Cut that circle

You know, there are times when I grow tired of my day job, especially when it pulls me away from the shop. Last week, I was in Orlando teaching some basic public information officer classes, and once I got back, Tropical Storm Erika decided she wanted to cause a little mischief here in the Tampa Bay area. So, my posts didn’t really happen.

The top glue up partial

However, I’m back with a vengeance building the table top for the front room. As you might have guessed, the next step with the build is to glue together the pieces that were to become the top. This was easy, because I was going to do it in stages. First, the outside parts got glued up, making it easy to break the assembly in to easy to manage pieces.

The full topåç

Once they were done, I brought the middle board and the two outside assemblies together to make the solid top. This way, I had a lot fewer joints to juggle during assembly, and allowed me to move through the assembly at my own leisurely pace.


With the pieces together, the next step was to cut the rough shape out. Since this is a bigger assembly, I opted to bring the tool to the wood and chose my jigsaw. Armed with a high-quality blade, this sucker can do a great job with the cuts and brought the piece down to rough shape.

dowel pivot

From there, I turned the assembly over face down and inserted a 1/4″ dowel into a hole I had drilled earlier squarely in the middle of the assembly. This way, I could use it as a pivot point for my router.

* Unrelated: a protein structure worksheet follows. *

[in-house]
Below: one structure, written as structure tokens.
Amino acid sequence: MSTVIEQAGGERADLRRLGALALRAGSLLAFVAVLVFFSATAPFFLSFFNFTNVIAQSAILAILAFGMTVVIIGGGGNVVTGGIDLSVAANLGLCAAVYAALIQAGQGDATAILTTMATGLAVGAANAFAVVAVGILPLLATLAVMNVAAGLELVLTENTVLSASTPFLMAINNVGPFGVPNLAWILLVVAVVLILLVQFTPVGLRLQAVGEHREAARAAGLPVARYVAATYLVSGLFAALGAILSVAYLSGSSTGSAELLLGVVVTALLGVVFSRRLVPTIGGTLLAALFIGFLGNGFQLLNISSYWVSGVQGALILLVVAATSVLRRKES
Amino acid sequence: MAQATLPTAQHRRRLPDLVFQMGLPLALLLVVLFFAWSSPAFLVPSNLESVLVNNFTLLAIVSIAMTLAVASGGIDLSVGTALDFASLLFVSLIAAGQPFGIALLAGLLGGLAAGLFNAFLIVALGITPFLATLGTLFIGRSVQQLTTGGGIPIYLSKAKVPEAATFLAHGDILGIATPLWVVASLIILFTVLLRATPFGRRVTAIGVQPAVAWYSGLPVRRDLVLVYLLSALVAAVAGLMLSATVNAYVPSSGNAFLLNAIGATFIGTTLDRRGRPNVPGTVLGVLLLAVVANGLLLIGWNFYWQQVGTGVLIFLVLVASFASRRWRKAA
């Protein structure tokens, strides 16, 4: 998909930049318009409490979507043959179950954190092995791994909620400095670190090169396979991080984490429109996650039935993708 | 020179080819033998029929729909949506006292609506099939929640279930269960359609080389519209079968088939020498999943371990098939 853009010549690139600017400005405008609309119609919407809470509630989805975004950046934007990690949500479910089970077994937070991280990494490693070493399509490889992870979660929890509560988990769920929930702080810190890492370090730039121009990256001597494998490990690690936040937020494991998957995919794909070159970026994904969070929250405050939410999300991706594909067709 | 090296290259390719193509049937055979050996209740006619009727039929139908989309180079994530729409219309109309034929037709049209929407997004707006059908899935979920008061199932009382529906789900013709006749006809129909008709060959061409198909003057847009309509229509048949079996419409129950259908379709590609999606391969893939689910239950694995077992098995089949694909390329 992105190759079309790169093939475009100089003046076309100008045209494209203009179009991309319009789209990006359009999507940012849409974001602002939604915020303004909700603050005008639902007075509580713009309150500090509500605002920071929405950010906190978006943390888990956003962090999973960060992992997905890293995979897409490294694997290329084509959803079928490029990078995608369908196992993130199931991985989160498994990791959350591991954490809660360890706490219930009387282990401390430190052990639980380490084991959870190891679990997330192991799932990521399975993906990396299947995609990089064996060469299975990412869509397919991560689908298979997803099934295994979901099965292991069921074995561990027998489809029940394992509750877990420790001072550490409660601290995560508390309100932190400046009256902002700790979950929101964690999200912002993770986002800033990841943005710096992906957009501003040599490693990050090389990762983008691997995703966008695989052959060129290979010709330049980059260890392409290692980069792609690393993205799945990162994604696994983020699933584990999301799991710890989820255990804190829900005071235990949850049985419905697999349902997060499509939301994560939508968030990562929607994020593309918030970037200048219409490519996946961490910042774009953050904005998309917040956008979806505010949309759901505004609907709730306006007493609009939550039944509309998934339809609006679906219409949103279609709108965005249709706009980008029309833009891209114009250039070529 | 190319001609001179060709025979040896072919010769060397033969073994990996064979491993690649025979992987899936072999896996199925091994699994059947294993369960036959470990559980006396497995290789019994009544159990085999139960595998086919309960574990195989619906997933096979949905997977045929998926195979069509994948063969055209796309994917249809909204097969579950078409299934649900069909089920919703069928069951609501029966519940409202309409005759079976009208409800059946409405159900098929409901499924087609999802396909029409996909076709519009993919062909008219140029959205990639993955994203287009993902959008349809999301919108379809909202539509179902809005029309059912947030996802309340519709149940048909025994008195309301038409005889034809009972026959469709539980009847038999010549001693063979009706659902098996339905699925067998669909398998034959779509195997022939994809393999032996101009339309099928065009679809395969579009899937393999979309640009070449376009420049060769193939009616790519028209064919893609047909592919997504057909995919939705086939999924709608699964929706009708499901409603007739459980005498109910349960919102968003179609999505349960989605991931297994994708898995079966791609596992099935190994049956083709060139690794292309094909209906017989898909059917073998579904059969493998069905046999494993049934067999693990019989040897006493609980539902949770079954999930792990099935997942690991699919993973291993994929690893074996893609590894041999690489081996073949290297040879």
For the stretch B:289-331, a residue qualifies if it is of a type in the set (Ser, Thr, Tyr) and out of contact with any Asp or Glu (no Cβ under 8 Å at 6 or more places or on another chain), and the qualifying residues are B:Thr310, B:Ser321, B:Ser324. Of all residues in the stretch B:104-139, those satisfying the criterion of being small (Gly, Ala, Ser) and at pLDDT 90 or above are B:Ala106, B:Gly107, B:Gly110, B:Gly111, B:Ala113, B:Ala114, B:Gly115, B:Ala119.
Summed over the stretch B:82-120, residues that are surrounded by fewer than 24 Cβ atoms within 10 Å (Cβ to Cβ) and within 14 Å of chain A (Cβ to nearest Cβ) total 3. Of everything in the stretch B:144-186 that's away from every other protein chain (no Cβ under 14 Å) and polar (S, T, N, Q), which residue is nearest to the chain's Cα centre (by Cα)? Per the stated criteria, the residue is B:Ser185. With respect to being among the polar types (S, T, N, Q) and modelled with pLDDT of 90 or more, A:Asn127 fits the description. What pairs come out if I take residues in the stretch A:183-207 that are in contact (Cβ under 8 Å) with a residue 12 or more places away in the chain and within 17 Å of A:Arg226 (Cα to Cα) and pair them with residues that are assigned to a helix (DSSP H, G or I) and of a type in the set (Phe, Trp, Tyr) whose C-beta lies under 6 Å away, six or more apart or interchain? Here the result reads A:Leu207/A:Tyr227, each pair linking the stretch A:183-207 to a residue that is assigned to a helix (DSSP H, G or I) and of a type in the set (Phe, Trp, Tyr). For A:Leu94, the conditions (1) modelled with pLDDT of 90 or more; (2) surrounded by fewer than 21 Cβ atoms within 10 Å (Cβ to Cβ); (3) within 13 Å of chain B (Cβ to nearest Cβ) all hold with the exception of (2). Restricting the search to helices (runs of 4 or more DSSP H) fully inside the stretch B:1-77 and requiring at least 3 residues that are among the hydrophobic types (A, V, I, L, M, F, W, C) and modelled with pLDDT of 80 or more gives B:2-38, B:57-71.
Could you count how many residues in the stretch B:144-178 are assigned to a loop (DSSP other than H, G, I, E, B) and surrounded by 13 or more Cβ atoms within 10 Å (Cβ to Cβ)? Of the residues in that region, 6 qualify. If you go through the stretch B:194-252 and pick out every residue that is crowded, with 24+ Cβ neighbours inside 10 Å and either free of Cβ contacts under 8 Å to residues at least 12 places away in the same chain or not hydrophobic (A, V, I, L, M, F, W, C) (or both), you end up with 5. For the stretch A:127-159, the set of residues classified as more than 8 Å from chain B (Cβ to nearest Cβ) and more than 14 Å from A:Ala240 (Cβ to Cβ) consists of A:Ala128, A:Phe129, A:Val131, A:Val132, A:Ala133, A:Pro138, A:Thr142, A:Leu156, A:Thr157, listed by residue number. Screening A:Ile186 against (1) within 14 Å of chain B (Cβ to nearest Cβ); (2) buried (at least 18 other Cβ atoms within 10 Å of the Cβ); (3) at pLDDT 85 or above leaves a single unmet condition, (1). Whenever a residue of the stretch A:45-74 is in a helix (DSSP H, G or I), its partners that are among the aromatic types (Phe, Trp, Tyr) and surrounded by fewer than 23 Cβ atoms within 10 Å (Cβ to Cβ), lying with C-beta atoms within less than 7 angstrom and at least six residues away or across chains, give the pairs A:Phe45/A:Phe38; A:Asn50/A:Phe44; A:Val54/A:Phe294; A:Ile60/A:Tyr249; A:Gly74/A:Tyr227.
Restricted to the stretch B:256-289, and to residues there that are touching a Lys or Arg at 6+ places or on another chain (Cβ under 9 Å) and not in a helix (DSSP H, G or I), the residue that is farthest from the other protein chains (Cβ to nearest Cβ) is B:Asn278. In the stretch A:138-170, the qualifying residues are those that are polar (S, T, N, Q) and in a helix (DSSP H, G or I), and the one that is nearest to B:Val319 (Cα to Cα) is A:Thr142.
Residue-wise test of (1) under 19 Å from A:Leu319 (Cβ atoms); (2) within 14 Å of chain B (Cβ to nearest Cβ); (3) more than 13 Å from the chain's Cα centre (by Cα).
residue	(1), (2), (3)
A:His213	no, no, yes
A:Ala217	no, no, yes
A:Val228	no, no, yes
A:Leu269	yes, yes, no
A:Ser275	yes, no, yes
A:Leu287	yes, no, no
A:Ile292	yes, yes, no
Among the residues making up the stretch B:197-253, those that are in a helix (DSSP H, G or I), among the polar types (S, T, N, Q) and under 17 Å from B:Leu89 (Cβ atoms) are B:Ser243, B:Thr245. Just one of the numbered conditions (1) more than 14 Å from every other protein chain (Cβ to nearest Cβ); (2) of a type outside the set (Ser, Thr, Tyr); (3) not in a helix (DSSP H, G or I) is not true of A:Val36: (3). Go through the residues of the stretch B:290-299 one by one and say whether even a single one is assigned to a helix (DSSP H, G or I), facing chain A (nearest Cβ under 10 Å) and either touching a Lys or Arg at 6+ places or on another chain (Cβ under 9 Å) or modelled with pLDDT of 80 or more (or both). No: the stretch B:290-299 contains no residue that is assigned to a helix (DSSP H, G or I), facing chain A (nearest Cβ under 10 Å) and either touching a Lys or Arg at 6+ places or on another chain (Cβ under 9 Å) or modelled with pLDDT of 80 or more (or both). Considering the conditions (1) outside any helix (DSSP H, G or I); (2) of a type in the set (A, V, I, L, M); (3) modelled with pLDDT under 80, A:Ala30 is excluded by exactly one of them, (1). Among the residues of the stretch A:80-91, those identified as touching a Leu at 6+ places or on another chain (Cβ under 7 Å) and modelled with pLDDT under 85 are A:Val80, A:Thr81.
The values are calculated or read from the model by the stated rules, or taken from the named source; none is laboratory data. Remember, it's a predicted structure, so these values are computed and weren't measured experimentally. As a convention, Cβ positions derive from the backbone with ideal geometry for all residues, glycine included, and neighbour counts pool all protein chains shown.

Round with the router

The trammel I went with was decidedly low-tech – a piece of 1/4″ plywood cut long enough to hold my router with a pivot hole drilled the radius I wanted. With a 3/8″ straight cutting bit in the router, I started it up, plunged it about 1/4″ into the board and made a pass.

cut away the excess

With a track identified, I went back to my jigsaw and cut away any excess wood outside of the router bit track. This way, the bit would simply be trimming the wood away, instead of boring into it and compacting cuttings into the groove.

The circle

With just a little bit more routing, I ended up with a pretty sweet looking circle that I had to touch up with my belt sander to ensure everything looked its best.

Now, of course, comes the unenviable task of sweeping up all of those router trimmings. Perhaps it might be time to think about getting a router with some better dust collection … you know, the holidays are coming up. Maybe I have to drop a hint to my jolly old monkey…

3 thoughts on “Cut that circle”

  1. Tom,

    The table’s looking good.

    For your router, first connect the built in dust port to your vacuum. Then check to see if DeWalt offers a factory made dust shroud. I use the DeWalt shroud on my DeWalt trim router and it collects more of the dust than my old Festool router used to.

  2. That’s a heck of a great suggestion for laying out and cutting a non-straight edge on a project! I don’t think I’ve seen any idea’s like that before – and I’ve been reading a while 🙂

    Well Done!

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